100 years of hyposensitization: history of allergen-specific immunotherapy (ASIT)

Authors

  • J. Ring,

    1. Department of Dermatology and Allergy Biederstein, Technische Universität München (TUM)
    2. Christine Kühne Center for Allergy Research and Education (CK CARE)
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  • J. Gutermuth

    1. Department of Dermatology and Allergy Biederstein, Technische Universität München (TUM)
    2. Center of Allergy & Environment (ZAUM), Technische Universität München/KAU Division of Allergy and Environment Helmholtz Center Munich/TUM, Munich, Germany
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  • J.R. and J.G. both wrote and reviewed the manuscript. The authors have no conflicting interests.

  • Edited by: Thomas Bieber

Prof. Dr. med. Dr. phil. Johannes Ring, Department of Dermatology and Allergy Biederstein, Technische Universität München, Biedersteinerstrasse 29, D-80802 Munich, Germany.
Tel.: +49 89 4140 3170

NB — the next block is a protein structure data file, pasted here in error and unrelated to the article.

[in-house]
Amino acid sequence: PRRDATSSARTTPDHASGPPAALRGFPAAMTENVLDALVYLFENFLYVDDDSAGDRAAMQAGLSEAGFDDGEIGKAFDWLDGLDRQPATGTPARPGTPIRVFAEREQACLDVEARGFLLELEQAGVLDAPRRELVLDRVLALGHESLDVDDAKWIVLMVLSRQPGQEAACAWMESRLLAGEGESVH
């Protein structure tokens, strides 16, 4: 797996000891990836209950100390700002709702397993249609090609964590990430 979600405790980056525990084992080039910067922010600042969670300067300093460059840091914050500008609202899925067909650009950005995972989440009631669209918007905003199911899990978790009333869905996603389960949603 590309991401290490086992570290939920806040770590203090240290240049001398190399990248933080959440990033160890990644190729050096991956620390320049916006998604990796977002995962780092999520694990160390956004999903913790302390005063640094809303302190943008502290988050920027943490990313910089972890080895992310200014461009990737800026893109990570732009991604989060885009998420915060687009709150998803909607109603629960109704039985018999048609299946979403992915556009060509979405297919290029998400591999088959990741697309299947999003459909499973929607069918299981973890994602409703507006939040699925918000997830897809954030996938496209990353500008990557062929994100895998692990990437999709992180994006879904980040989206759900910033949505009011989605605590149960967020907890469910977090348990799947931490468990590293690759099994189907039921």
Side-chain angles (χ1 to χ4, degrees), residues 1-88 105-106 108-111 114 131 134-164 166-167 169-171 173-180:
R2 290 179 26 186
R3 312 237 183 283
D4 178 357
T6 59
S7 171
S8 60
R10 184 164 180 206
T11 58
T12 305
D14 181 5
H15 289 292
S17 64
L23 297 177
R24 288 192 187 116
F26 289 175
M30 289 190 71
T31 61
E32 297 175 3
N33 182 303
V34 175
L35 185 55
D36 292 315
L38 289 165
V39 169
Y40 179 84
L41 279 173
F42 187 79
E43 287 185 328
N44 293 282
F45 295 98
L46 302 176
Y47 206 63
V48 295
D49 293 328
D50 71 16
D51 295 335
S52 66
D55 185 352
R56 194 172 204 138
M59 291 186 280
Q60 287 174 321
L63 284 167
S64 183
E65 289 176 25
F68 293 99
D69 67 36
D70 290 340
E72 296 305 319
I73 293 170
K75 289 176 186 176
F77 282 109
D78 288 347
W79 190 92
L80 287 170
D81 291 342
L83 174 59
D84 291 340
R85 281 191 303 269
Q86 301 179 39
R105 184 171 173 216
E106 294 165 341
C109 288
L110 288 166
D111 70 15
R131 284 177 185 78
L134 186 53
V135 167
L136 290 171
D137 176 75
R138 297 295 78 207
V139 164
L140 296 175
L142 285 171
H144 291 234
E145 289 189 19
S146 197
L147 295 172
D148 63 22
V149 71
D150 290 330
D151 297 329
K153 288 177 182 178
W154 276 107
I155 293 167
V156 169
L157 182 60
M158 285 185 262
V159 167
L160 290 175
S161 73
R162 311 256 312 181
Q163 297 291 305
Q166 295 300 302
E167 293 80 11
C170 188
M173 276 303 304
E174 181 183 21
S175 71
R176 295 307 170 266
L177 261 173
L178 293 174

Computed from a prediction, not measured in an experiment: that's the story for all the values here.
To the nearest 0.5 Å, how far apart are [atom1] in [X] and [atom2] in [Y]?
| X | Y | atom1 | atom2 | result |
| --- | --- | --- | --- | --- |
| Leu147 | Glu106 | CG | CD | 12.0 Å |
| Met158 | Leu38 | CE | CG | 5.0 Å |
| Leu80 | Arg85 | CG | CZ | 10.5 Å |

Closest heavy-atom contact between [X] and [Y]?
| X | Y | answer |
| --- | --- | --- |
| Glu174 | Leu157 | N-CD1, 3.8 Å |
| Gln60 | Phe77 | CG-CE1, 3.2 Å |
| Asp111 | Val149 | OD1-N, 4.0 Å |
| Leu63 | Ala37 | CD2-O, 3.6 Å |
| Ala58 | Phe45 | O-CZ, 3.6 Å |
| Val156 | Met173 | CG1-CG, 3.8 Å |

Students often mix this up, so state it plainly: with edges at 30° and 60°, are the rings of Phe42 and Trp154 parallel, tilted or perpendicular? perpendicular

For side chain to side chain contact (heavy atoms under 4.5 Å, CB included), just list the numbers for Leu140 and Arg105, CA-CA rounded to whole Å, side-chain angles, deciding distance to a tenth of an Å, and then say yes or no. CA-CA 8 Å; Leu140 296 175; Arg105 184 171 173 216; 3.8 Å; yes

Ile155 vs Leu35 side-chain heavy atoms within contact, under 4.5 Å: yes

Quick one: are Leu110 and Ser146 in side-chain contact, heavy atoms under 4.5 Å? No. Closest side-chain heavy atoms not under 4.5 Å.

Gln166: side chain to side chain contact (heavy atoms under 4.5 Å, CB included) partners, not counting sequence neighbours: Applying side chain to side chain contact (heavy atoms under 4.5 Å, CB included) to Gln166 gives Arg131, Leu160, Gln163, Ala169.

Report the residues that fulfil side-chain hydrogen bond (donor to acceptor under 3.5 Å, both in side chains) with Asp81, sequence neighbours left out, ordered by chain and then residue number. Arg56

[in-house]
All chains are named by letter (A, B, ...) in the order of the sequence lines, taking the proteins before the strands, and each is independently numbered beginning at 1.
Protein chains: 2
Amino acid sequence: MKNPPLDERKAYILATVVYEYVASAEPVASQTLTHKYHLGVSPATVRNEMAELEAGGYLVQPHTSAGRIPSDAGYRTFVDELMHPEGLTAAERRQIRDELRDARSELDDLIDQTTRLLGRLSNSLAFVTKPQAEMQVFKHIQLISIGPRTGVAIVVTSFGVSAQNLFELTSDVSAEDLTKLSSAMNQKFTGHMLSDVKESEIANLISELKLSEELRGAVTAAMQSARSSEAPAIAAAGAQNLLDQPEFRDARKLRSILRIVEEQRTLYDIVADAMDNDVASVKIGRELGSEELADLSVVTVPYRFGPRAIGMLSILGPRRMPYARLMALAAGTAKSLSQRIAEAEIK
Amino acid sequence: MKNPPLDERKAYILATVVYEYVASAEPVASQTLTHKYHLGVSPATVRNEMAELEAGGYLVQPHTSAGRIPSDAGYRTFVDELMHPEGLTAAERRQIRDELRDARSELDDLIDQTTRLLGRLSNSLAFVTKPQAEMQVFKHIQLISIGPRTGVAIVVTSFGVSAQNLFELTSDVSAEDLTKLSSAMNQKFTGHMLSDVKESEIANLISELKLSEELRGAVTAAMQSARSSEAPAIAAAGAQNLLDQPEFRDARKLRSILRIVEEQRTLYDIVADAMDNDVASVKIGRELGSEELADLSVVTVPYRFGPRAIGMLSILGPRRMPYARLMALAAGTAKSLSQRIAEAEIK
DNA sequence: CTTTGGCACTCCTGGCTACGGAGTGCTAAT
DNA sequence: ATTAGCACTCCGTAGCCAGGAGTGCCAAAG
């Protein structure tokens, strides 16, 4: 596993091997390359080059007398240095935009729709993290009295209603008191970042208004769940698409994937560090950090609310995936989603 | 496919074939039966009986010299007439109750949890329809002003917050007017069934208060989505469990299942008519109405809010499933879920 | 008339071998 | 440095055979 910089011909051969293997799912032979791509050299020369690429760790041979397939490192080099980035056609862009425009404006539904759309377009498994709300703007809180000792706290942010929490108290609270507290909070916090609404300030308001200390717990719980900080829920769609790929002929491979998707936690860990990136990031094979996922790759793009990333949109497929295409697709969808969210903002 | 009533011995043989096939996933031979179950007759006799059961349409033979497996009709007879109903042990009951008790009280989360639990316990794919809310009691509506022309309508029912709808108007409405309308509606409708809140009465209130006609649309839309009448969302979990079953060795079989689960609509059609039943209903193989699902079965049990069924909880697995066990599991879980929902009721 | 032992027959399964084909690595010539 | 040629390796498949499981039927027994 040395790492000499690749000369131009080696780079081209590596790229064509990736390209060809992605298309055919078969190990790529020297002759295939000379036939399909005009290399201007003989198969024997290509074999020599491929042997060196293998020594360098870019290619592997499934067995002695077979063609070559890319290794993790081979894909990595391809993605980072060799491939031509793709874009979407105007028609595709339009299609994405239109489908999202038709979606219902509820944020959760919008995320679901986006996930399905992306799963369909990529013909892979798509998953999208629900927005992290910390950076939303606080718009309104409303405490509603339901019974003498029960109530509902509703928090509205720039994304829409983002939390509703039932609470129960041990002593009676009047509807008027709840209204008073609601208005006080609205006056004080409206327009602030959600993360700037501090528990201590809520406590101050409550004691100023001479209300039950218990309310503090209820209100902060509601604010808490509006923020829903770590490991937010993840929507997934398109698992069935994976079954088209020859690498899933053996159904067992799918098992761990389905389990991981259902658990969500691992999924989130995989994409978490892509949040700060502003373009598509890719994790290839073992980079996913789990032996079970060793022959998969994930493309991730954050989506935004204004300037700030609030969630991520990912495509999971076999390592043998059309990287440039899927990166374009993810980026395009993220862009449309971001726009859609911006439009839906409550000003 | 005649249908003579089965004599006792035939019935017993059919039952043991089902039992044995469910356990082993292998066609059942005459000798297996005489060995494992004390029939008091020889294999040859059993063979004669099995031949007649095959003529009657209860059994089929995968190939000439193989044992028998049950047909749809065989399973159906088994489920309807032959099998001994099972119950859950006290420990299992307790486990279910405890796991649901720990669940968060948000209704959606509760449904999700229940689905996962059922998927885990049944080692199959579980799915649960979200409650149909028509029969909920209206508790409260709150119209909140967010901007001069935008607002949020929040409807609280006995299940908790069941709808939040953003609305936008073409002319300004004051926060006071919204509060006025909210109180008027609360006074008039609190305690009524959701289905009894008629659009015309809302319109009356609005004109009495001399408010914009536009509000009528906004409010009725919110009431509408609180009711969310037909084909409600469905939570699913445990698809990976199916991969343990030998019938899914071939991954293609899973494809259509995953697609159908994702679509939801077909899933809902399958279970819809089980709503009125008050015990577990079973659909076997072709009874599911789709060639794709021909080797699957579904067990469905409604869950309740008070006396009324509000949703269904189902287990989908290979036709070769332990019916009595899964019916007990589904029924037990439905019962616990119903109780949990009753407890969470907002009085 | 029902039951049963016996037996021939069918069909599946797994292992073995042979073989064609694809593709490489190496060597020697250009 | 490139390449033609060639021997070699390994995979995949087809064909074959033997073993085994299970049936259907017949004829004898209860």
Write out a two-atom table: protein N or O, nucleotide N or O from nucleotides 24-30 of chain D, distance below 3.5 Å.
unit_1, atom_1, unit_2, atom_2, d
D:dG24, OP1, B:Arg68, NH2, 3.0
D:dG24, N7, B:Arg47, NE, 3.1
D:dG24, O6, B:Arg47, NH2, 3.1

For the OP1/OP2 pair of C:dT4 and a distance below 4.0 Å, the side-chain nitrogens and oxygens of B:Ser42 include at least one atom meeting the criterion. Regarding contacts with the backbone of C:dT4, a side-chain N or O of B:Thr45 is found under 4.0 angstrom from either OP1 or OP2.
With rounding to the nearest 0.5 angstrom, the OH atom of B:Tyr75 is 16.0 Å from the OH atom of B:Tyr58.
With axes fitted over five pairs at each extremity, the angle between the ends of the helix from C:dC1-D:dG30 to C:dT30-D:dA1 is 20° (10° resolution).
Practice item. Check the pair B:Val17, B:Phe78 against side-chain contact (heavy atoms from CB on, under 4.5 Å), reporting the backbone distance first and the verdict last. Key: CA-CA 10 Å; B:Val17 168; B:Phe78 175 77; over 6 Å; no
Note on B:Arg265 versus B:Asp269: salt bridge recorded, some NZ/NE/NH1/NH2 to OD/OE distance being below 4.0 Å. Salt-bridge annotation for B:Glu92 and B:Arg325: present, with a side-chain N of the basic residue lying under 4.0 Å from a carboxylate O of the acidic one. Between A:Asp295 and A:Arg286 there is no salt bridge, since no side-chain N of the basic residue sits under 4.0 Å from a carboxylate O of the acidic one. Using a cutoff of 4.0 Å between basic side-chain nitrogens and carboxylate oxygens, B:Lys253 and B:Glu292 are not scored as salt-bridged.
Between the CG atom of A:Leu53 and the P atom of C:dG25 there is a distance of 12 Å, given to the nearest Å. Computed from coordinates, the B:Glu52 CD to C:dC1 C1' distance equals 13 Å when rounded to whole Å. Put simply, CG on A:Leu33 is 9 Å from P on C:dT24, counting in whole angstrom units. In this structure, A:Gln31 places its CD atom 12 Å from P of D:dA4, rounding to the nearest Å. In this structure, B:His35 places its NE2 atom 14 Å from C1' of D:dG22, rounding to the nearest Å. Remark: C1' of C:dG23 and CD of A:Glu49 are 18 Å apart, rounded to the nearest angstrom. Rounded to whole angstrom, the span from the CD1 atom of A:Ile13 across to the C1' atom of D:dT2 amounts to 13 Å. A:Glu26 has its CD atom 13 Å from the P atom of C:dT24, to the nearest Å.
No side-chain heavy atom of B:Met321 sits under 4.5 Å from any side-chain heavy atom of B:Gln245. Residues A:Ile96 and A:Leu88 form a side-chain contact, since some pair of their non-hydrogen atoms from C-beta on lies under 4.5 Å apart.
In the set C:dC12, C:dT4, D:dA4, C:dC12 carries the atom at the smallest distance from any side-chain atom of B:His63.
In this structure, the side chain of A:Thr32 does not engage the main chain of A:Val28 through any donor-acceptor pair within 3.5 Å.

Fax: +49 89 4140 3574
E-mail: Johannes.ring@lrz.tu-muenchen.de

Abstract

To cite this article: Ring J, Gutermuth J. 100 years of hyposensitization: history of allergen-specific immunotherapy (ASIT). Allergy 2011; 66: 713–724.

Abstract

Hundred years ago, Leonhard Noon and John Freeman published their pioneering works on allergen-specific immunotherapy (ASIT) using grass pollen extracts. To honor their contribution to the development of ASIT as the only causal treatment of IgE-mediated allergies, we review the history of ASIT that started with the anecdotal descriptions of ASIT performed by the ancient king Mithridates (132–63 B.C.) and Jenner’s development of a cowpox vaccine. Following Noon’s and Freeman’s first controlled human trials, ASIT was performed by a large number of modalities and with a myriad of pharmacologic preparations. These developments range from early aqueous pollen extracts and whole bee extracts to chemically modified allergens (allergoids) and various recombinant allergens. In addition to allergen-specific immunotherapy, non-specific immune response modifiers have been used in the past or are in the developmental stage. Also, currently many innovative experimental approaches of ASIT are studied in animal models and human in vitro systems and will hopefully further broaden the range of allergies that can be treated by ASIT, with enhanced efficacy and further reduced side-effects.

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